Golf Course Management

JAN 2017

Golf Course Management magazine is dedicated to advancing the golf course superintendent profession and helping GCSAA members achieve career success.

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Page 37 of 179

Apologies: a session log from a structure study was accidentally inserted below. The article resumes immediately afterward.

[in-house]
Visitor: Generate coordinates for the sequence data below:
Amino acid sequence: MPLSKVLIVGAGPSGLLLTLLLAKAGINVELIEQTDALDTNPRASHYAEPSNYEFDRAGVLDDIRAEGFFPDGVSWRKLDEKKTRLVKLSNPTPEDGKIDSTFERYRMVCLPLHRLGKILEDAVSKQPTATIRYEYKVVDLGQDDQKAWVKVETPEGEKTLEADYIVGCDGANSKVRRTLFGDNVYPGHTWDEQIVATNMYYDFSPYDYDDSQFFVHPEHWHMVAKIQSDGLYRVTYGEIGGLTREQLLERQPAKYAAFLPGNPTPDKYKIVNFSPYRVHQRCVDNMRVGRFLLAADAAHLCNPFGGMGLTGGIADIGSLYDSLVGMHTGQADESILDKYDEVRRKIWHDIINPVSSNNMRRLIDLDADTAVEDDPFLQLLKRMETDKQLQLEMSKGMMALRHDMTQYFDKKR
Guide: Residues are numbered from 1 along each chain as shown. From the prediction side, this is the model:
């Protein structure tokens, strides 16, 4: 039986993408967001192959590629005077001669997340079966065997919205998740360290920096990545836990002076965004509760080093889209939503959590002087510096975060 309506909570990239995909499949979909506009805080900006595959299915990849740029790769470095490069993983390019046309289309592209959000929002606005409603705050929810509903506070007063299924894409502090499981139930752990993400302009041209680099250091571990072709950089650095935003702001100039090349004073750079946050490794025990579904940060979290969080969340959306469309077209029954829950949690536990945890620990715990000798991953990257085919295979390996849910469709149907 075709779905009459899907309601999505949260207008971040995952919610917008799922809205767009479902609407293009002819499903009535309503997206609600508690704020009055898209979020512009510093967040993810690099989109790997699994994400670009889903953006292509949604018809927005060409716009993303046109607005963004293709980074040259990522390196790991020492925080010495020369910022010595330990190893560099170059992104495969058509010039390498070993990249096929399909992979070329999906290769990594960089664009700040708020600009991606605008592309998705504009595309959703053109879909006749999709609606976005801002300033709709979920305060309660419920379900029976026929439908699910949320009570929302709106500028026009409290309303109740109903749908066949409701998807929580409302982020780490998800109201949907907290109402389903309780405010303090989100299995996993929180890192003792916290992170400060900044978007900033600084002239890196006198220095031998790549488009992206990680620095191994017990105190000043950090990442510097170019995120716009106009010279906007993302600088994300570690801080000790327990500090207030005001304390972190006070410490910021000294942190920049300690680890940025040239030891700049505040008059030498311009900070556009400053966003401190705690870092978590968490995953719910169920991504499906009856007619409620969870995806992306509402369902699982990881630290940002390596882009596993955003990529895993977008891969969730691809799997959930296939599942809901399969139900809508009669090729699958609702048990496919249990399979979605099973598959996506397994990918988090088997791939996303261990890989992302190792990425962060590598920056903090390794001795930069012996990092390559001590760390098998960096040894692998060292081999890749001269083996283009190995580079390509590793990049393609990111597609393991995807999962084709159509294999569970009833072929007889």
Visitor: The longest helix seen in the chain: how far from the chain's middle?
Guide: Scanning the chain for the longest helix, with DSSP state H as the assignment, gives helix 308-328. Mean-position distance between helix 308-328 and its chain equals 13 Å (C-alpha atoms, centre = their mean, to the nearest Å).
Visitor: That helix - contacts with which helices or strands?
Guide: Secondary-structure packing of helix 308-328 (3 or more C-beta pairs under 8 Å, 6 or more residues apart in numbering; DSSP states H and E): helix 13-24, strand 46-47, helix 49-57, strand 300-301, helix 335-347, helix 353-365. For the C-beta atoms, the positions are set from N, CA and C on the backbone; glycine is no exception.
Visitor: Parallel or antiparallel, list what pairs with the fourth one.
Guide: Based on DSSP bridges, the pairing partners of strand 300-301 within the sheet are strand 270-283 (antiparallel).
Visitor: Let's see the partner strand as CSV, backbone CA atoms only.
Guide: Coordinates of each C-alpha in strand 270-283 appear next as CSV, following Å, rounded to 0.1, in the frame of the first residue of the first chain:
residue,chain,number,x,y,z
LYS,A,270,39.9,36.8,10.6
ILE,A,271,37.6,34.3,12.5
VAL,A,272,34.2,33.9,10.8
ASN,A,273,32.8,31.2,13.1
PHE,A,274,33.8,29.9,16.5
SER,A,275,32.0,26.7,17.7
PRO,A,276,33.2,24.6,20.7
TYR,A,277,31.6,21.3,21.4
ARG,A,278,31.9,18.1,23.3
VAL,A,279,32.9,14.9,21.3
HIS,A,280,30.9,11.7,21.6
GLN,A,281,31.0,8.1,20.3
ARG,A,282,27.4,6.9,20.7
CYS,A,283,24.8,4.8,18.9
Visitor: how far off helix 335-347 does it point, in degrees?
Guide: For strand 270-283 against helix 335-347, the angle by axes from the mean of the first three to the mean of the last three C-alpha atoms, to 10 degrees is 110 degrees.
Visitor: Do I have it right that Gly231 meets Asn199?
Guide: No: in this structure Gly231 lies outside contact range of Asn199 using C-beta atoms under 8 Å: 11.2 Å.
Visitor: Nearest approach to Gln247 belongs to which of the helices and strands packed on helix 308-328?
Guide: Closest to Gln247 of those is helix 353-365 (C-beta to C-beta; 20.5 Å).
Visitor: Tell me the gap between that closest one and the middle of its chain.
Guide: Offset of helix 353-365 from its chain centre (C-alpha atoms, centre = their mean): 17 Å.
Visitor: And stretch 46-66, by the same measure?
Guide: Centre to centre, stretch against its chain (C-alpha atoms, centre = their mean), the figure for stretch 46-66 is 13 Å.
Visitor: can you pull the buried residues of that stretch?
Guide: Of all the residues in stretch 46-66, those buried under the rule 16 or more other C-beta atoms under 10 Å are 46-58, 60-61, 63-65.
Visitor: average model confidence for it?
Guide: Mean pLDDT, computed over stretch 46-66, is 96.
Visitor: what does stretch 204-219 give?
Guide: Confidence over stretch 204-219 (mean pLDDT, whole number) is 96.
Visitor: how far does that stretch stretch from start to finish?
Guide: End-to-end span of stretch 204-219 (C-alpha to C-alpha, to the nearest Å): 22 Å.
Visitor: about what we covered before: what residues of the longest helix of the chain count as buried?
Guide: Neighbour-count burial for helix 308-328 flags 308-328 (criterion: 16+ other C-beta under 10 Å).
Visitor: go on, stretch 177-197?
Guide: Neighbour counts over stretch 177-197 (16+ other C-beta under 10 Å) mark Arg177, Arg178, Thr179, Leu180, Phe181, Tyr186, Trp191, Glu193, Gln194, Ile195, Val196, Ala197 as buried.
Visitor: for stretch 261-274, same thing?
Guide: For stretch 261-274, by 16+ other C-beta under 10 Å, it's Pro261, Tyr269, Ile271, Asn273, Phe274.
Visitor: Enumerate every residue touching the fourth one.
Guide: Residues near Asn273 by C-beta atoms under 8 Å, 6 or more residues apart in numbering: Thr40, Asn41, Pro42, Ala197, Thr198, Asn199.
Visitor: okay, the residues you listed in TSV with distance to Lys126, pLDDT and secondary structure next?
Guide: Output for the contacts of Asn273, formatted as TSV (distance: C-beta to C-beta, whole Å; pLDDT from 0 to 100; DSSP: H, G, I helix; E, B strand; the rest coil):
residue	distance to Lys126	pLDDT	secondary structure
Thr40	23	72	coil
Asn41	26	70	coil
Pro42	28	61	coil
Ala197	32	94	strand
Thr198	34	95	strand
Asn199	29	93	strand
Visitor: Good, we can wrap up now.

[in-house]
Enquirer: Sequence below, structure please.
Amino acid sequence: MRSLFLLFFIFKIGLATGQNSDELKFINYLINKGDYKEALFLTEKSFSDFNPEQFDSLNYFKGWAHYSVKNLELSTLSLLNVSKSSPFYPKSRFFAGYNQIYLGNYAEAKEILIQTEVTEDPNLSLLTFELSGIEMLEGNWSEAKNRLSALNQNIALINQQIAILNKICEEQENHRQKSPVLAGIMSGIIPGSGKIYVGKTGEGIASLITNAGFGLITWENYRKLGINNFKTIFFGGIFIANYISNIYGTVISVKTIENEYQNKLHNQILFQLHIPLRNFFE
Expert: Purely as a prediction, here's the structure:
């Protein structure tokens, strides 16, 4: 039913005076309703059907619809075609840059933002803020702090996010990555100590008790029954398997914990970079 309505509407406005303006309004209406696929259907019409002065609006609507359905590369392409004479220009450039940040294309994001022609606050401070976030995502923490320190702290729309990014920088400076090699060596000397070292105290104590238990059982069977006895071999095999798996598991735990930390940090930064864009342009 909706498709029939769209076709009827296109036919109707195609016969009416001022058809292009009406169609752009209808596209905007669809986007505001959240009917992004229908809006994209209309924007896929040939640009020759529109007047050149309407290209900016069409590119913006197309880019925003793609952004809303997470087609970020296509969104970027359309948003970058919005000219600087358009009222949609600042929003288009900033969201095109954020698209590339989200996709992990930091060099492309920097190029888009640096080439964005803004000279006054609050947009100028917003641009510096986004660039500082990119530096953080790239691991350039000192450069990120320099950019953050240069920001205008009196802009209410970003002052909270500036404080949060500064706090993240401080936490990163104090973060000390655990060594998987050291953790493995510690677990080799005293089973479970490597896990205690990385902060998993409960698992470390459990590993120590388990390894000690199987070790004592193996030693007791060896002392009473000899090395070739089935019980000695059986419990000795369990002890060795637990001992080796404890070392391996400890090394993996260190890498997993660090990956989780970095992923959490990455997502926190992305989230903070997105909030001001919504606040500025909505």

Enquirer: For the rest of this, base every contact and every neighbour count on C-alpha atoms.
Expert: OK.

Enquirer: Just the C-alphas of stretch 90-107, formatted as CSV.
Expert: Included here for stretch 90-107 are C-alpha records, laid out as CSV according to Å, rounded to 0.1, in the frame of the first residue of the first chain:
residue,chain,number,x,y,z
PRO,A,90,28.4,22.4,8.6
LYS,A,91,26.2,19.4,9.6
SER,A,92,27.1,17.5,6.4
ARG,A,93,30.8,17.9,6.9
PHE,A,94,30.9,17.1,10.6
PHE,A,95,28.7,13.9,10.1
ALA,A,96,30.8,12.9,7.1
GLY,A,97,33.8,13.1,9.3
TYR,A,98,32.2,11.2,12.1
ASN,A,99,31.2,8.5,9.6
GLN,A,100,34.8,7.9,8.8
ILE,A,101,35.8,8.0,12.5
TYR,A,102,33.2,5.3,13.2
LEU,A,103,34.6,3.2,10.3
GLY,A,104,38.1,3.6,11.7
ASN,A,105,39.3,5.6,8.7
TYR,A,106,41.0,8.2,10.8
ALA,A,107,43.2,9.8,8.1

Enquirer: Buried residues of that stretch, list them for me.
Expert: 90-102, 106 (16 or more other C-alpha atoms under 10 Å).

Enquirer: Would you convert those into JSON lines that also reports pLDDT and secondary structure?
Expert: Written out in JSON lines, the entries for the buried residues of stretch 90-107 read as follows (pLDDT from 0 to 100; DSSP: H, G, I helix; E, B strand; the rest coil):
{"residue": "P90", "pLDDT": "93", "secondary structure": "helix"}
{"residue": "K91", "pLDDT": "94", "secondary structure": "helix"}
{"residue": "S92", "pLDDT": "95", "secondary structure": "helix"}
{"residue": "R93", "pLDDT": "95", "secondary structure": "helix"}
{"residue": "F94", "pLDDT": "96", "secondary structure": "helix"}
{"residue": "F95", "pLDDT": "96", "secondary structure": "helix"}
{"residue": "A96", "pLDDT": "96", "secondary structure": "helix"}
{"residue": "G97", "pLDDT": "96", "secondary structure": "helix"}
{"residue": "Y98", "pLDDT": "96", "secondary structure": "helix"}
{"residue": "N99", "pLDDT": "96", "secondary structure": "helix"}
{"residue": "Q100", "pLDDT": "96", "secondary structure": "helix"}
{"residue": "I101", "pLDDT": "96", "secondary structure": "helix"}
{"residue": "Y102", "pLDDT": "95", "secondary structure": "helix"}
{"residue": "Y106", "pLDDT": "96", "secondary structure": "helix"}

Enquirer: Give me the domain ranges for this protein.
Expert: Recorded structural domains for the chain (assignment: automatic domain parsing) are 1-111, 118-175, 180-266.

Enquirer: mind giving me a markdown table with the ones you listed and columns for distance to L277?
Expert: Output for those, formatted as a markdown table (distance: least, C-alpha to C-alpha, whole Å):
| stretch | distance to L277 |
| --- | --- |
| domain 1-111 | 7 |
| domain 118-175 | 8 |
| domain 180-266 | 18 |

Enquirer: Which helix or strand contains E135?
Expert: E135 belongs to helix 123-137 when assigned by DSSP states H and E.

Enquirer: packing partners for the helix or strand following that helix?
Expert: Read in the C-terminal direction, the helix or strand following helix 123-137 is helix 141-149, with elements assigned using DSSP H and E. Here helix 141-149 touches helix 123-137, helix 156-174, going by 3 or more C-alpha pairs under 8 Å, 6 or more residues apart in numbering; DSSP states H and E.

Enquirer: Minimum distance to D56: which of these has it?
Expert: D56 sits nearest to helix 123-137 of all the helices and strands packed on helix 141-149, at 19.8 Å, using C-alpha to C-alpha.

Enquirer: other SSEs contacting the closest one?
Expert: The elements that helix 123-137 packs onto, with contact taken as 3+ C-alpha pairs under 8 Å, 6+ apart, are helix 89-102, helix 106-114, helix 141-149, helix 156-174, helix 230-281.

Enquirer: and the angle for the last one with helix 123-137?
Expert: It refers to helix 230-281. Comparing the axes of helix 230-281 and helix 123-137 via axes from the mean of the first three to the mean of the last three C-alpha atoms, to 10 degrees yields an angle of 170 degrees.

34 GOLF COURSE MANAGEMENT 01.17 Be protected in the face of environmental mishaps Consider the following scenarios that golf course superintendents could find themselves faced with: • A golfer places his cigar on the grass in the tee box, which has recently been treated with a pesticide. The golfer suffers a reaction to the pesticide when he smokes the cigar, and dies. A wrongful death suit results in a settlement of $1.4 million. • A storage building that contains chemicals, fertilizers and pesticides has a drain that leads to a dry well. A series of small spills over several years migrate into the drain and dry well. From there, the chemicals seep into the groundwater and move to a neigh - bor's property. Remediation expenses and li- abilities result in costs of $450,000. • A waste disposal recycling firm that your facility uses goes bankrupt and leaves spent batteries and chemical waste at its site. The state orders all generators of the waste to pay for the cleanup and removal. Because the golf course was among the originators of the waste, it pays legal defense and a portion of the waste removal, which totals $150,000. • An aboveground storage tank containing diesel fuel develops rust and a small leak. A retention pond near the tank begins to show an oil sheen, and the tank was found to be the source of the oil. On-site remediation, legal and investigation expenses add up to $175,000. What do all of these situations have in com - mon? They are actual claims paid by insurance companies across the country. Fortunately, all the golf courses involved had received adequate advice and had the proper coverage needed to protect them. Why highlight these claims? All too often, new clients ask for an evaluation of their insur - ance programs and their exposures, and protec- tion against such incidents is an area that needs a lot of attention. Many golf course owners see a coverage called "Application of Pesticides and Herbicides" and think they're covered for any pollution claims. In fact, this endorsement only safeguards you during the application, mixing and storage resulting in third-party bodily injury and property damage. It would not have provided coverage for any of the above claim scenarios. Of course, the first step should always be prevention. Here are some key issues to consider: • What chemicals are you applying? Are they biodegradable? When are you apply - ing them? • Are all employees or subcontractors who spray or otherwise apply chemicals certified by the state? If you use a subcontractor, did you receive a hold-harmless agreement, and are you named as an "additional insured" on the contractor's Environmental Impairment Liability Policy? • Do you have any underground storage tanks? How old are they? Have they been examined and tested for leaks? Even with "best practices" in place to re - duce the likelihood of an environmental claim, it's wise to protect your facility with a Premises Environmental Policy. In addition to providing (environment) coverage for the previously mentioned claims, such policies also provide coverage for: • Regulated hazardous materials or waste • Petroleum storage tanks • Wastewater treatment • Optional Business Interruption coverage, for loss of income because of the course being shut down for cleanup of contamination on the course grounds • Optional Waste Disposal Liability cover - age, for lawsuits and superfund liability for cleanup of a waste disposal site to which you shipped waste (you are still responsible for the waste as the "generator") Finally, are you working with an agent and insurance company that specialize in golf course insurance coverage? My employer — the PGA Preferred Golf Course Insurance Pro - gram, administered by Bouvier Insurance — is among those companies, and can assist you with an assessment of your insurance expo - sures and develop a customized program to suit your facility's needs. Editor's note: T is article is intended as a sum - mary of potential exposures for illustration pur- poses only and is not intended to serve as a specific plan for your facility. Raymond S. Irvin is a director with the PGA Preferred Golf Course Insurance Program. The program is administered by Bouvier Insurance, which is based in West Hartford, Conn. Raymond S. Irvin Keep your focus on agronomy and away from potential environment-related legal matters by evaluating what your insurance coverage encompasses — and what it may not. Photo by Montana Pritchard

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